Hines promises increased investment focus on the life science sector


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Hines recently outlined its plan to put greater emphasis on investing in more opportunities in the life science sector. This market outlook is supported by the increased focus of the pandemic on the life sciences in the commercial real estate industry. According to CBRE, Denver is the 10th largest US life science market in the US, measured by laboratory space in square meters. And currently, 33 life sciences companies are looking for 1.6 million square feet of cumulative laboratory space in the Denver-Boulder area.

To meet the new demand, Hines plans to become a leading investor and developer by providing more purpose-built life science facilities in growing markets with cutting-edge, user-centric design and amenities.

“The life sciences sector is experiencing an era of unprecedented growth, fueled by an increase in both public and private funding combined with a sense of urgency and post-pandemic market opportunity,” said David Steinbach, global CIO at Hines. “With this industry booming, it is vital that developers keep pace by offering spaces that are as innovative as the tenants who inhabit them. Hines has set itself the goal of delivering purpose-built facilities that meet the physical, functional and technological needs of the users. “

Hines’ investment thesis is based on a confluence of factors driving demand in the global landscape for life science real estate, as outlined in the new whitepaper Hines Perspective: “The Potential of Purpose-Built Properties”. In this post, Hines relativizes the context for investing while sharing the company’s vision of the potential of purpose-built life science development and its in-house analysis of the sector.

New frontier markets

To continue to produce innovative results, life science companies tend to band together in cities where their facilities are close to others whose academic approach or research methodology depends on their ability to produce treatments through collaboration in close proximity to physical partners can improve. This shows why Boston and San Francisco have become industry giants. However, there are many new frontier towns both globally and domestically that can offer convergence of financial funding, as well as academic and research / medical institutions including London, Boulder, Austin, Shanghai Salt Lake City and Pittsburgh.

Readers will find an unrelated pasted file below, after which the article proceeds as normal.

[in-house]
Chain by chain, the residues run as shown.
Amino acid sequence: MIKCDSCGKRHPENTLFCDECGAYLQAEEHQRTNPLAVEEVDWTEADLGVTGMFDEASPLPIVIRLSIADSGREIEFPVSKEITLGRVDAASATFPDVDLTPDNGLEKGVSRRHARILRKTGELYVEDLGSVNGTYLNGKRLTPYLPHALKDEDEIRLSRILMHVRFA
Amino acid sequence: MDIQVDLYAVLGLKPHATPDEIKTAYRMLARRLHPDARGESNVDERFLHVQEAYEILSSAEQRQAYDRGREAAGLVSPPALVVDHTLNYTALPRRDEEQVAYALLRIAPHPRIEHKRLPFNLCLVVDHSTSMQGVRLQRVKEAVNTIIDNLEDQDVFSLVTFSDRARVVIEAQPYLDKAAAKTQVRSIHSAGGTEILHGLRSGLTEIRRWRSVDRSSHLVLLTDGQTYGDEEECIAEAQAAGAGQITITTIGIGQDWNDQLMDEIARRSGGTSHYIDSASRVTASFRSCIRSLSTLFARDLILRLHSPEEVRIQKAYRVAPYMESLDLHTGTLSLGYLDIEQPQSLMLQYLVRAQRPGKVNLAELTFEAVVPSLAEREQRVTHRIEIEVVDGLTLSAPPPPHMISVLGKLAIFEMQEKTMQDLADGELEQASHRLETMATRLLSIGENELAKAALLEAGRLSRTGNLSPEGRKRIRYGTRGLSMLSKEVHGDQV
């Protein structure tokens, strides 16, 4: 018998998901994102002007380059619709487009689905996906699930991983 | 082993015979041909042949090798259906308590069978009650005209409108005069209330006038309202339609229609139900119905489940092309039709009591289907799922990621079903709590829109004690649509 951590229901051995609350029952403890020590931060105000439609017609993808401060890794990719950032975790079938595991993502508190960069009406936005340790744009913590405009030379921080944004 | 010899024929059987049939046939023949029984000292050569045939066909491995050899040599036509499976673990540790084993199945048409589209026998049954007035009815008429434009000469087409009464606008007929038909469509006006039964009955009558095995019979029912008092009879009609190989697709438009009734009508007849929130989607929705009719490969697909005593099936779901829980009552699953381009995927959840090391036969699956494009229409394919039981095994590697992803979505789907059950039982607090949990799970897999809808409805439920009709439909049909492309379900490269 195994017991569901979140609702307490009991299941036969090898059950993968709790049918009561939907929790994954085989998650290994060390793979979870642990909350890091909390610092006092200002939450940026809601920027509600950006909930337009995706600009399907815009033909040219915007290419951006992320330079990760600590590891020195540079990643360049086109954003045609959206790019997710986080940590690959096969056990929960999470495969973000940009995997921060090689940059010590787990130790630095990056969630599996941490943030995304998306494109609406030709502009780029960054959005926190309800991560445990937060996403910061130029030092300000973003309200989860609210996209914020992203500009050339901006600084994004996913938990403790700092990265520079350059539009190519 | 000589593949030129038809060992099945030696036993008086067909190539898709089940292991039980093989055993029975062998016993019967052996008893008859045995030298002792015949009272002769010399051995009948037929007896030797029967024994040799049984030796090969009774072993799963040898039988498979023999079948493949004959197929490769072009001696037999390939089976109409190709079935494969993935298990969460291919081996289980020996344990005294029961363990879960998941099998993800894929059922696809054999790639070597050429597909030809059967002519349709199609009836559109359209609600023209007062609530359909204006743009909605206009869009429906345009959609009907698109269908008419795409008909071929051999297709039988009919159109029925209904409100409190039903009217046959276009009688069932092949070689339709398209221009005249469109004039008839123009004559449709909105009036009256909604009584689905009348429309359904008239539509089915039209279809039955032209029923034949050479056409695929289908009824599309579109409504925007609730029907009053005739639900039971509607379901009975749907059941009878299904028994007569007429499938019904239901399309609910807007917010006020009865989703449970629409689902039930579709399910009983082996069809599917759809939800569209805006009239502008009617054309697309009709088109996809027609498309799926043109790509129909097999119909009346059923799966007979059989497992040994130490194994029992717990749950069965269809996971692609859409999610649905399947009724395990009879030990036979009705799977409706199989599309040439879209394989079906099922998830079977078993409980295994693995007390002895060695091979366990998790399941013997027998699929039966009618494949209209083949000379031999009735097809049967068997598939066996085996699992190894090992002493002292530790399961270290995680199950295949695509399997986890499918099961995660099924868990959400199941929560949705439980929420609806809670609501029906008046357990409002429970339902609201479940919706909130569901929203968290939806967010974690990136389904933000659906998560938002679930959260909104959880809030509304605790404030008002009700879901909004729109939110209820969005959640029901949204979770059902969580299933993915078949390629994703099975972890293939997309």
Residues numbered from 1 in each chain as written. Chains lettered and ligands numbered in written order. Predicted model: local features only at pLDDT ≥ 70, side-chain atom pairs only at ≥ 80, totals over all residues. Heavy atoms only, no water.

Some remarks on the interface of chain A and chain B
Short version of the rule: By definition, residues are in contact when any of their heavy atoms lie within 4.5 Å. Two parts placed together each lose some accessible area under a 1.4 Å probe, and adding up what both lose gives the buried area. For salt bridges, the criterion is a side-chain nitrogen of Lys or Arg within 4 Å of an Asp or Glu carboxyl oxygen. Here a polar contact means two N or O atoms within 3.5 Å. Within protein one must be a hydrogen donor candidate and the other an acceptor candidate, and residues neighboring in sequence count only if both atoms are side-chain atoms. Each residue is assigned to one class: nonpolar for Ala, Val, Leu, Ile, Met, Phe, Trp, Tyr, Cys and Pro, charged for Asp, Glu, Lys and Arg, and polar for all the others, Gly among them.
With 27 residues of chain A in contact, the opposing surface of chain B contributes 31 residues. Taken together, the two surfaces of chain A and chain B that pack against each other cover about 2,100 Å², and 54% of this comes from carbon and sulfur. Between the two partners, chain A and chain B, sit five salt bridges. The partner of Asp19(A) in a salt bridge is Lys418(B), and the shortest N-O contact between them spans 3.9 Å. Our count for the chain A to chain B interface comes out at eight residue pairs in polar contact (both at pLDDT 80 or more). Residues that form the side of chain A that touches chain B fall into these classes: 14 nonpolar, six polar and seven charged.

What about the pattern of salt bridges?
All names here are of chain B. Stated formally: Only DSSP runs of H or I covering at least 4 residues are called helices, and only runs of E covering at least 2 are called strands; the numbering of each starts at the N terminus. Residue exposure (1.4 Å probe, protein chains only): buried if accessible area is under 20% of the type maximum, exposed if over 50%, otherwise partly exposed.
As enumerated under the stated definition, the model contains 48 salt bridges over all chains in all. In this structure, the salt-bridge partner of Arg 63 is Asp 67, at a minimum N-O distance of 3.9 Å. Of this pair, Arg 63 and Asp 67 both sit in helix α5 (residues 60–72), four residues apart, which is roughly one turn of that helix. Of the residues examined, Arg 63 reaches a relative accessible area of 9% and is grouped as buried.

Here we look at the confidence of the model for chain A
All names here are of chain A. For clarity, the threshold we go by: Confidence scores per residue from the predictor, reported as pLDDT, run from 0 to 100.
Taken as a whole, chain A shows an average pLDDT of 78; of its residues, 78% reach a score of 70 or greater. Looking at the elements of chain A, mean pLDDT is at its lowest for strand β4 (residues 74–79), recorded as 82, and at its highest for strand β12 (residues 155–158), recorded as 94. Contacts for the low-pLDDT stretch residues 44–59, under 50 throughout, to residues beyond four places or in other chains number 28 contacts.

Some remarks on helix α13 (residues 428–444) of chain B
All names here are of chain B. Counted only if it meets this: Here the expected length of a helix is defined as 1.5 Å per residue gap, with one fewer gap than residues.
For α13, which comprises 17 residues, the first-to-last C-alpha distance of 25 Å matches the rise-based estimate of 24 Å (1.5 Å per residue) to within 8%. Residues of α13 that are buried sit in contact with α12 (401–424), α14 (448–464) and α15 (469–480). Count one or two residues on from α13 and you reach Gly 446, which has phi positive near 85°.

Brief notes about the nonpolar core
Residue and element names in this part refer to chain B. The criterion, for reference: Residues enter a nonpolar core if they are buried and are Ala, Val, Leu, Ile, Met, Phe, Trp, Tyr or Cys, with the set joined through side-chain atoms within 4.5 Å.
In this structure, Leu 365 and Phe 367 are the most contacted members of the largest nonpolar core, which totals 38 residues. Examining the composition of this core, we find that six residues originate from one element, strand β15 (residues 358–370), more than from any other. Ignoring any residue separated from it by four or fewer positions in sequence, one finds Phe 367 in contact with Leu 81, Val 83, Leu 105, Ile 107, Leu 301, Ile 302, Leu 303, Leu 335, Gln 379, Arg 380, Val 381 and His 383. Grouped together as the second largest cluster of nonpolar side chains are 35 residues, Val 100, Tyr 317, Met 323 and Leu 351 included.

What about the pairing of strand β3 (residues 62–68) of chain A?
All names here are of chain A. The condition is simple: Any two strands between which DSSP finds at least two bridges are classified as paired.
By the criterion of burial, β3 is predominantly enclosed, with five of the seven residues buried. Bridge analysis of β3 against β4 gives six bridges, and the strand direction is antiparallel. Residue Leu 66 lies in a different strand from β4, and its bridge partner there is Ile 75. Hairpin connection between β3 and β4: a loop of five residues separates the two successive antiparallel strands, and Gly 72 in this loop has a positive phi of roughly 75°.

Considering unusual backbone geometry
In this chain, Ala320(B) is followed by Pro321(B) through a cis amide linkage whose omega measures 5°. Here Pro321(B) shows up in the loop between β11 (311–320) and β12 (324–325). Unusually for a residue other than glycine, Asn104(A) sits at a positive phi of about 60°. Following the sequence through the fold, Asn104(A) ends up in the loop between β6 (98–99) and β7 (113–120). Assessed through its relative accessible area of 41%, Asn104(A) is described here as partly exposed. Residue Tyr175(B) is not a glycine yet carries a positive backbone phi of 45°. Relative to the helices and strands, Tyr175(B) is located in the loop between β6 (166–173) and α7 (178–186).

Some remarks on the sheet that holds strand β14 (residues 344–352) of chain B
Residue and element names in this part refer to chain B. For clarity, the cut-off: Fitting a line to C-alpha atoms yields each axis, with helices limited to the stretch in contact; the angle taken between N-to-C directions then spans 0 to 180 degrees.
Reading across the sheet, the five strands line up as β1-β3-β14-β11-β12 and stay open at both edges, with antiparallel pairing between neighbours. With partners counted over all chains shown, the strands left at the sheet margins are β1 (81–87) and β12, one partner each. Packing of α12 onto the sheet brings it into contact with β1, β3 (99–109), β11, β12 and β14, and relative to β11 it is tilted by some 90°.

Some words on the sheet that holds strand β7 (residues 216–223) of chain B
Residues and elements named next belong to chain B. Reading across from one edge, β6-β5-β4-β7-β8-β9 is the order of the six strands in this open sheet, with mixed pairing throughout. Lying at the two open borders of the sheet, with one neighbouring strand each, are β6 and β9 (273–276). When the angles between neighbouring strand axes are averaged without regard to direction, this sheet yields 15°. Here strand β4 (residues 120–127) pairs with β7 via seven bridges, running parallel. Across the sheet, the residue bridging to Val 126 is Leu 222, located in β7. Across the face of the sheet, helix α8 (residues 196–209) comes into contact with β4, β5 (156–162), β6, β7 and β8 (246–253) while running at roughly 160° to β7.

Critical design elements

In such a competitive landscape, developers have to optimize the space based on two basic criteria: the structural specification and the balance between laboratory and office space. Different tenants have different needs, and the same tenant can make matters worse as their needs change as the business develops. It is therefore important that the laboratory space is flexible and modular.

Since ESG is paramount for developers, investors and users, this must also be an important aspect when building life sciences assets. The construction of highly efficient systems, the procurement of sustainable energy sources and the consideration of physical and operational CO2 emissions will be decisive in the competition for the most sought-after tenants.

Industry verification: Levit Green

Hines has already brought this type of curated life science asset to market. Levit Green, the five-story, 270,000-square-foot Phase I laboratory building in Houston, Texas, meets the ever-changing needs of a life science tenant with capital to cover the company’s credit risk. The Hines team decided to build high quality AA grade labs that are highly flexible and have key features needed by top life sciences tenants in a market with access to top talent and world class research facilities. The team also paid careful attention during the design phase to accommodate the unique needs of top tenants in the life science space. Key building features include: redundant backup power, improved structural vibration dampening, and improved mechanical systems. 33-foot structural bay depths that allow for an ideal 11-foot laboratory module and floor slabs of more than 55,000 square feet also allow research and office teams to create efficient configurations that enable teamwork and collaboration.

“Our carefully assembled team of national life science leasing, design and capital experts put a tremendous amount of thought and effort into the planning and design of Levit Green. We are confident that when our team is complete, it will deliver one of the highest quality commercial laboratory facilities in the world, ”said John Mooz, Senior Managing Director at Hines. “We look forward to bringing high-profile projects like Levit Green to other highly anticipated growth markets.”


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